The Syrian crisis has brought to the forefront the enormous challenges that families face in the context of war and displacement. To date, over 7 million people are internally displaced; at least half of those internally and externally displaced are children (UNHCR, 2013). Studies suggest that the mental health of Syrians that have been displaced indicate rising levels of psychological distress, this is in the context of minimal mental health and psychosocial support services for internally displaced people and refugees in difficult to access areas (Abou-Saleh & Hughes, Reference Abou-Saleh and Hughes2015). In immediate humanitarian crises, the focus is on shelter, food and essential medical care. However, loss and adversity, disruption and adaptation to new environments pose additional significant risks to mental health (Drury & Williams, Reference Drury and Williams2012). Building resilience and optimising mental health is fundamental to longer term adjustment, and reducing emotional suffering and promoting mental health is therefore a major global health challenge (UNICEF, 2004; Patel et al. Reference Patel, Flisher, Hetrick and McGorry2007, Reference Patel, Flisher, Nikapota and Malhotra2008). Systematic reviews show that the key protective factors for refugee children include settling in a stable context with social support, parental support and family cohesion, perceived support from friends and good experiences in school (Fazel et al. Reference Fazel, Reed, Panter-Brick and Stein2012). A review of preventive interventions for children exposed to armed conflict, including refugees, noted the paucity of high-quality research on interventions in these contexts and the need for ‘psychological first aid’ to be embedded into programmes in primary health and education (Peltonen & Punamäki, Reference Peltonen and Punamäki2010). The scale of the Syrian crisis makes plain the impossibility of providing individual interventions for all families at risk of mental health difficulties. Given the scale of the problem, one priority for delivery of psychosocial interventions in this context is to identify ways of providing information at the population level as part of a public health model (Mollica et al. Reference Mollica, Cardozo, Osofsky, Raphael, Ager and Salama2004) and evaluating these.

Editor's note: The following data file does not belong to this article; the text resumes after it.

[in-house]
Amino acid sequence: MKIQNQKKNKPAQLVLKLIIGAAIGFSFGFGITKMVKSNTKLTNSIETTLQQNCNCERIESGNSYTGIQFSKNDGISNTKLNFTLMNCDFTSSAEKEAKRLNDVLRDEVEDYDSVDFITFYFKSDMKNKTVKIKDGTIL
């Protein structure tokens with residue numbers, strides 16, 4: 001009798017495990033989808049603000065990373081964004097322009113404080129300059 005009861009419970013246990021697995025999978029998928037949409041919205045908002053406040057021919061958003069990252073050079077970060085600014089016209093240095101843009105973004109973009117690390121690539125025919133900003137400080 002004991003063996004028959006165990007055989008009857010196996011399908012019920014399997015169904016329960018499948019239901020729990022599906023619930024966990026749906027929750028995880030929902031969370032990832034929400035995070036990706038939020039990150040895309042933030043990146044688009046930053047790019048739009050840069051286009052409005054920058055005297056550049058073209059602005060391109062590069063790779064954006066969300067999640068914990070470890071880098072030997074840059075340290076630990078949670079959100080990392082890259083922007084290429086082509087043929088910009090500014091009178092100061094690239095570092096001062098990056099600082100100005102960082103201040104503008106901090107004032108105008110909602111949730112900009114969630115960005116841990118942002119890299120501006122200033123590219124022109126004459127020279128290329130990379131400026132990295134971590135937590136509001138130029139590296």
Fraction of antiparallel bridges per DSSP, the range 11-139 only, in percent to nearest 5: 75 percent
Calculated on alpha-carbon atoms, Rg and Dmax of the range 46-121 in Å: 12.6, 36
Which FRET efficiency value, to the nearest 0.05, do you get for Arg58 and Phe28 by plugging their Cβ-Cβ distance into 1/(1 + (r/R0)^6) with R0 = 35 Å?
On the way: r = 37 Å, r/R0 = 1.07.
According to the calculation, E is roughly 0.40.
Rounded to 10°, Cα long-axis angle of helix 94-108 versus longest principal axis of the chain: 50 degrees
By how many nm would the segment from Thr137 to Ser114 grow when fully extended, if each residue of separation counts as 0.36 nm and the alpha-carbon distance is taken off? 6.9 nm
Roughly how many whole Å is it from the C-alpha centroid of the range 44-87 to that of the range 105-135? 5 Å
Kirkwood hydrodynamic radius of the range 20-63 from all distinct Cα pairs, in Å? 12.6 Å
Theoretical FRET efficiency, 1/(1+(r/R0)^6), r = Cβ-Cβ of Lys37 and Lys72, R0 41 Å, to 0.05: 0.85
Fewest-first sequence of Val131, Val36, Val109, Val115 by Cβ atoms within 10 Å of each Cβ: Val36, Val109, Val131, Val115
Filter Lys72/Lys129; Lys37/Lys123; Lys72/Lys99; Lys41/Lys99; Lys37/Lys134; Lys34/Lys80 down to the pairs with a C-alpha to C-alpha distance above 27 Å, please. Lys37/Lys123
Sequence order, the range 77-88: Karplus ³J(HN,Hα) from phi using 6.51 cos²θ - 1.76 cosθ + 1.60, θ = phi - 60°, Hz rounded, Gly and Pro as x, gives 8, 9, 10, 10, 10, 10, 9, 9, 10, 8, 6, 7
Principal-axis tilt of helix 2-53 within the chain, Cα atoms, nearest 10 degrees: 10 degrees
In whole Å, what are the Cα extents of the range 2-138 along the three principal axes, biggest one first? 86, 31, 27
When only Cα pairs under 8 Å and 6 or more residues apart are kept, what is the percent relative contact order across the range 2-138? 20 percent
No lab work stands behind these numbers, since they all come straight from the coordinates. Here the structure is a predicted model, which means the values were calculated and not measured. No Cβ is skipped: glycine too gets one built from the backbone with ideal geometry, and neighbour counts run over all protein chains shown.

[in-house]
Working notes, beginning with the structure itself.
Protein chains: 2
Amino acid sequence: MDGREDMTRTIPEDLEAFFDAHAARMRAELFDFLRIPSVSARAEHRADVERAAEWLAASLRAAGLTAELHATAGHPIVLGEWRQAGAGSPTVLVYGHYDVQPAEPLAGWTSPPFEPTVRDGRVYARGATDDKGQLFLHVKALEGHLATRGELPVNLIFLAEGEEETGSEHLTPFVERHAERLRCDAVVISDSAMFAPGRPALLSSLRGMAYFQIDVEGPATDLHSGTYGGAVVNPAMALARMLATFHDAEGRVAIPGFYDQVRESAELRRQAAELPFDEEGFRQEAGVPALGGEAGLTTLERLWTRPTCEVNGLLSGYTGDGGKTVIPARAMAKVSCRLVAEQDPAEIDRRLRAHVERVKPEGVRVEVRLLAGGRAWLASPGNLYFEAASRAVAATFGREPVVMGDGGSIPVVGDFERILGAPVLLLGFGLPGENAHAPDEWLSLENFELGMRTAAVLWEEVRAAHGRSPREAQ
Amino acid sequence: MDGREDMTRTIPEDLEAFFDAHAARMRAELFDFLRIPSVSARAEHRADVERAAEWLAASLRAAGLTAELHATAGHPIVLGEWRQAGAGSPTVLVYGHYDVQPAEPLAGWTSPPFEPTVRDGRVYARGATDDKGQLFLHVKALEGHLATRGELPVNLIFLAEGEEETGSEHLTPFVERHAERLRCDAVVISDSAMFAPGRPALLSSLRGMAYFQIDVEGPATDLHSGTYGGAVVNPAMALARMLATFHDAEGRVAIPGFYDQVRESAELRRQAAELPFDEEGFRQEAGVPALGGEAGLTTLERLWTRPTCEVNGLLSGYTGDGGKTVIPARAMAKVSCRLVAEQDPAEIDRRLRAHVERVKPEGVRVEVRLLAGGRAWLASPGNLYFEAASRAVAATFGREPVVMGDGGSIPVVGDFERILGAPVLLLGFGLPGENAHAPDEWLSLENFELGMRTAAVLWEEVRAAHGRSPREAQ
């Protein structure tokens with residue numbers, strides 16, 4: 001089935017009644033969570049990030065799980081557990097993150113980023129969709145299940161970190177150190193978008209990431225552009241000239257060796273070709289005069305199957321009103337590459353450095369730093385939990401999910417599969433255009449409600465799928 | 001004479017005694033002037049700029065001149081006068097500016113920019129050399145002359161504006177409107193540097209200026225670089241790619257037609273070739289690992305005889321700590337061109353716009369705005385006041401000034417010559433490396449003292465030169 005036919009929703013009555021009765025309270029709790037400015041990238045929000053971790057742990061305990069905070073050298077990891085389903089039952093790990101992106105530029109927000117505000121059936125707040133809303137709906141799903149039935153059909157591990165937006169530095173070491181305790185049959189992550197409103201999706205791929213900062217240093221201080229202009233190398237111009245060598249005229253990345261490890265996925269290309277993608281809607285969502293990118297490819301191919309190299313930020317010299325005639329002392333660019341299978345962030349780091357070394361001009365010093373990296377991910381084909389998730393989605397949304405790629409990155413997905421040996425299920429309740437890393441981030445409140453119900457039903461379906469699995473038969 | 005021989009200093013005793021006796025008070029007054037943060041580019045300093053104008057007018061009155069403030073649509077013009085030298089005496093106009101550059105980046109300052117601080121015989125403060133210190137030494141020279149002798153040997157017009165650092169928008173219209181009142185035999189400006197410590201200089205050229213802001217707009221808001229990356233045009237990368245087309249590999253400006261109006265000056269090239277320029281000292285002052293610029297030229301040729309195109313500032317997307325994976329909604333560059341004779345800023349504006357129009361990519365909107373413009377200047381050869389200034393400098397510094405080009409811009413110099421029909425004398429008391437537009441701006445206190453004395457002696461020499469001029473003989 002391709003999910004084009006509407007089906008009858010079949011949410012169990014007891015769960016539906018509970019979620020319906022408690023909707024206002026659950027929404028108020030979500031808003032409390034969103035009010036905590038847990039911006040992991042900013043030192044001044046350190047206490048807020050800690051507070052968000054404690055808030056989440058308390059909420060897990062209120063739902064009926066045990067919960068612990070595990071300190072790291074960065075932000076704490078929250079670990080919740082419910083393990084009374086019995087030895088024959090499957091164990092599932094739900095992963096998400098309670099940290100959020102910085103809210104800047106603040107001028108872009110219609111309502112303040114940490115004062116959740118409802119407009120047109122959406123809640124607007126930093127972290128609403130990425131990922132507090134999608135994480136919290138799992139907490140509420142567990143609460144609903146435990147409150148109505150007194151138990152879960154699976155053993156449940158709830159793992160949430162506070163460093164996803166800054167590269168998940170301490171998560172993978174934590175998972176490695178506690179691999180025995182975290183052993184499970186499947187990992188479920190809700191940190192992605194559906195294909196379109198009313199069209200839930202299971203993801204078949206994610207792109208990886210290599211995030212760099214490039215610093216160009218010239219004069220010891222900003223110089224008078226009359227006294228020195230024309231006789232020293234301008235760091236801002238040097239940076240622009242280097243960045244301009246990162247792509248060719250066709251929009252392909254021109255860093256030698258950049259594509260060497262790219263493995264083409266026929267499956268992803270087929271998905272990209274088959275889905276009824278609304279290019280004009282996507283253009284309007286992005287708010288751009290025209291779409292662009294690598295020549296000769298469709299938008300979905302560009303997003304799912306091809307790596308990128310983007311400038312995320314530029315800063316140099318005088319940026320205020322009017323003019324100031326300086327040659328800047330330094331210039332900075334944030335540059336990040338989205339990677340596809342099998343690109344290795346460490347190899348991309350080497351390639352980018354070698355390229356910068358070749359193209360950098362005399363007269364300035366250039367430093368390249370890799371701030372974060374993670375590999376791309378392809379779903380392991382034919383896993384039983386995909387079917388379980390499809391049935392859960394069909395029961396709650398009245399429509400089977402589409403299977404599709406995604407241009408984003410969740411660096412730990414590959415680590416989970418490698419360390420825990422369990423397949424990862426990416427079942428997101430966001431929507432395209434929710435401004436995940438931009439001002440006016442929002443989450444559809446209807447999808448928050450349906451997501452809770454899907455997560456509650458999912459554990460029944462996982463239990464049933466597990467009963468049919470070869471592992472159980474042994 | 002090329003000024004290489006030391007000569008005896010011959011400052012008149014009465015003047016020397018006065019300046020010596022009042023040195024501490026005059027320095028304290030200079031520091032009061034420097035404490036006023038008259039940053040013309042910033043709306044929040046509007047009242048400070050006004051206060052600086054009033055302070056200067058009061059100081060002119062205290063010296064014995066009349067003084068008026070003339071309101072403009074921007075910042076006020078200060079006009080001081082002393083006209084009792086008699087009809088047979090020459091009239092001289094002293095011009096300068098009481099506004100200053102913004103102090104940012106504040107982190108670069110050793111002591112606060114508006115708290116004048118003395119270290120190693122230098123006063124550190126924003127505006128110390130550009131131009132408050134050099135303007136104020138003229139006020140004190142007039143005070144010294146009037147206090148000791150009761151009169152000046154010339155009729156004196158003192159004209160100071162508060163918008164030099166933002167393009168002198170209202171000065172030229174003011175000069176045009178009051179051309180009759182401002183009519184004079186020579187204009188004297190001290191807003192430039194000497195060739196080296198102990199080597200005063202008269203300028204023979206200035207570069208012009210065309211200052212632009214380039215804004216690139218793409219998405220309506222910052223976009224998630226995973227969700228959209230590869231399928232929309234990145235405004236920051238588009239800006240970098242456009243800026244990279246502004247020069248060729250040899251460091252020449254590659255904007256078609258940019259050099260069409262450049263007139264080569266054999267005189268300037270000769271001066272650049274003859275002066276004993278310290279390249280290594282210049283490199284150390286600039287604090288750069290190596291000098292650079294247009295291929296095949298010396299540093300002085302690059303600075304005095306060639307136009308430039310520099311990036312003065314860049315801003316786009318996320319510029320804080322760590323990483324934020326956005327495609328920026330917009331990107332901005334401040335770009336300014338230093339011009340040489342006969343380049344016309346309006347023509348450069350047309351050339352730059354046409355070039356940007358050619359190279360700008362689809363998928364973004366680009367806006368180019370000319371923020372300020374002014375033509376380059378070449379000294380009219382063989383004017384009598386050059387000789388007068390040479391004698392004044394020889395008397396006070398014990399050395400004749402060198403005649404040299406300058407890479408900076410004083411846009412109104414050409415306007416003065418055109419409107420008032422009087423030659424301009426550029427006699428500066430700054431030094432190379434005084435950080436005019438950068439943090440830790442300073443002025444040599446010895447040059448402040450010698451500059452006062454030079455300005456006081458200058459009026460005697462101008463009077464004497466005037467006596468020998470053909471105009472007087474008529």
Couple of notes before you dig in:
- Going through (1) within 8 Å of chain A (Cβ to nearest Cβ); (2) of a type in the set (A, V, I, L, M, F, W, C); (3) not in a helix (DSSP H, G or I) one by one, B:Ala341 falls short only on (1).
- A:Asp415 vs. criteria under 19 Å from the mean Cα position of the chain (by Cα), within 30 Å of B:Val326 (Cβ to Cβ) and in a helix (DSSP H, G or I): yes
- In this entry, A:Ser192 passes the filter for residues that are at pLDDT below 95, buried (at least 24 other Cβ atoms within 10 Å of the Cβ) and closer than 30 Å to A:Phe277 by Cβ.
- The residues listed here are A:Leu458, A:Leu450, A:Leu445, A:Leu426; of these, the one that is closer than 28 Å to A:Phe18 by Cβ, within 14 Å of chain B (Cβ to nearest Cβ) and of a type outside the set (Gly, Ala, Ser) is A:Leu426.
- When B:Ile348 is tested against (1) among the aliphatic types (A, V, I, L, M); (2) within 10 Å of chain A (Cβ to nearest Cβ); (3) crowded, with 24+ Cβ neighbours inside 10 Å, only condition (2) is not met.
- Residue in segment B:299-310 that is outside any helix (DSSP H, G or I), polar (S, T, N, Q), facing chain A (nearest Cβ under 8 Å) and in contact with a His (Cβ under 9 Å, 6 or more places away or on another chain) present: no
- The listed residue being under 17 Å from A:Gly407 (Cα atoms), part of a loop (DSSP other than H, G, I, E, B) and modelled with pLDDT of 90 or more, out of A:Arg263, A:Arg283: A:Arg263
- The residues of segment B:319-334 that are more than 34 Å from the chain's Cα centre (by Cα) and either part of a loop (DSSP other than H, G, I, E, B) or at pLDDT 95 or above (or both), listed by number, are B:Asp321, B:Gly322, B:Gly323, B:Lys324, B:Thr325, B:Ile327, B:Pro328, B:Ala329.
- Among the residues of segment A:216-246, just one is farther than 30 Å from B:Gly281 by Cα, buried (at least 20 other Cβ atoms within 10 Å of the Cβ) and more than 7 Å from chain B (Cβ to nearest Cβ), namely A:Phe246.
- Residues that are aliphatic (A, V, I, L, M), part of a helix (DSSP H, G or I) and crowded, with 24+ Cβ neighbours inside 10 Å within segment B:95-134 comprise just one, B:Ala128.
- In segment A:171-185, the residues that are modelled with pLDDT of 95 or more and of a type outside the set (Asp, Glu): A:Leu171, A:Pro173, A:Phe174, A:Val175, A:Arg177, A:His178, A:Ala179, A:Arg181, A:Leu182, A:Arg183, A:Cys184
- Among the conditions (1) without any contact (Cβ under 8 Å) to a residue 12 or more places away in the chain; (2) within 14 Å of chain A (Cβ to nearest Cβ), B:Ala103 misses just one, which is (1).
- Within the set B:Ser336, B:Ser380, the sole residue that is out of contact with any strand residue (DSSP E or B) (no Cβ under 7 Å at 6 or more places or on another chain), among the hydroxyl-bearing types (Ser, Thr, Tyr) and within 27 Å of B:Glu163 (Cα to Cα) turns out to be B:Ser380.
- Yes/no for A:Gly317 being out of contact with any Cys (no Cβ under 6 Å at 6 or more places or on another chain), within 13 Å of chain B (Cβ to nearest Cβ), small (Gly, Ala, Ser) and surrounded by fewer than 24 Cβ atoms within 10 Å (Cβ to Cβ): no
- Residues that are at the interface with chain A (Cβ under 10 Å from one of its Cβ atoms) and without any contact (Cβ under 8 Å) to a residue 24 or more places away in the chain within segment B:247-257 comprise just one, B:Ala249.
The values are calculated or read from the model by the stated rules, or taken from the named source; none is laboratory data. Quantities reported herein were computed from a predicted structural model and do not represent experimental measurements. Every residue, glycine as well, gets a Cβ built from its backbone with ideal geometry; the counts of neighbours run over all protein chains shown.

Families represent the front line of defence for children's mental health. Promoting preventive approaches which provide information tailored to the community and context to help families provide warm, supportive parenting is one means of offering a relatively low-cost method for strengthening support for children. However, building the evidence base for helpful interventions in highly risky settings requires a feasible means of obtaining data.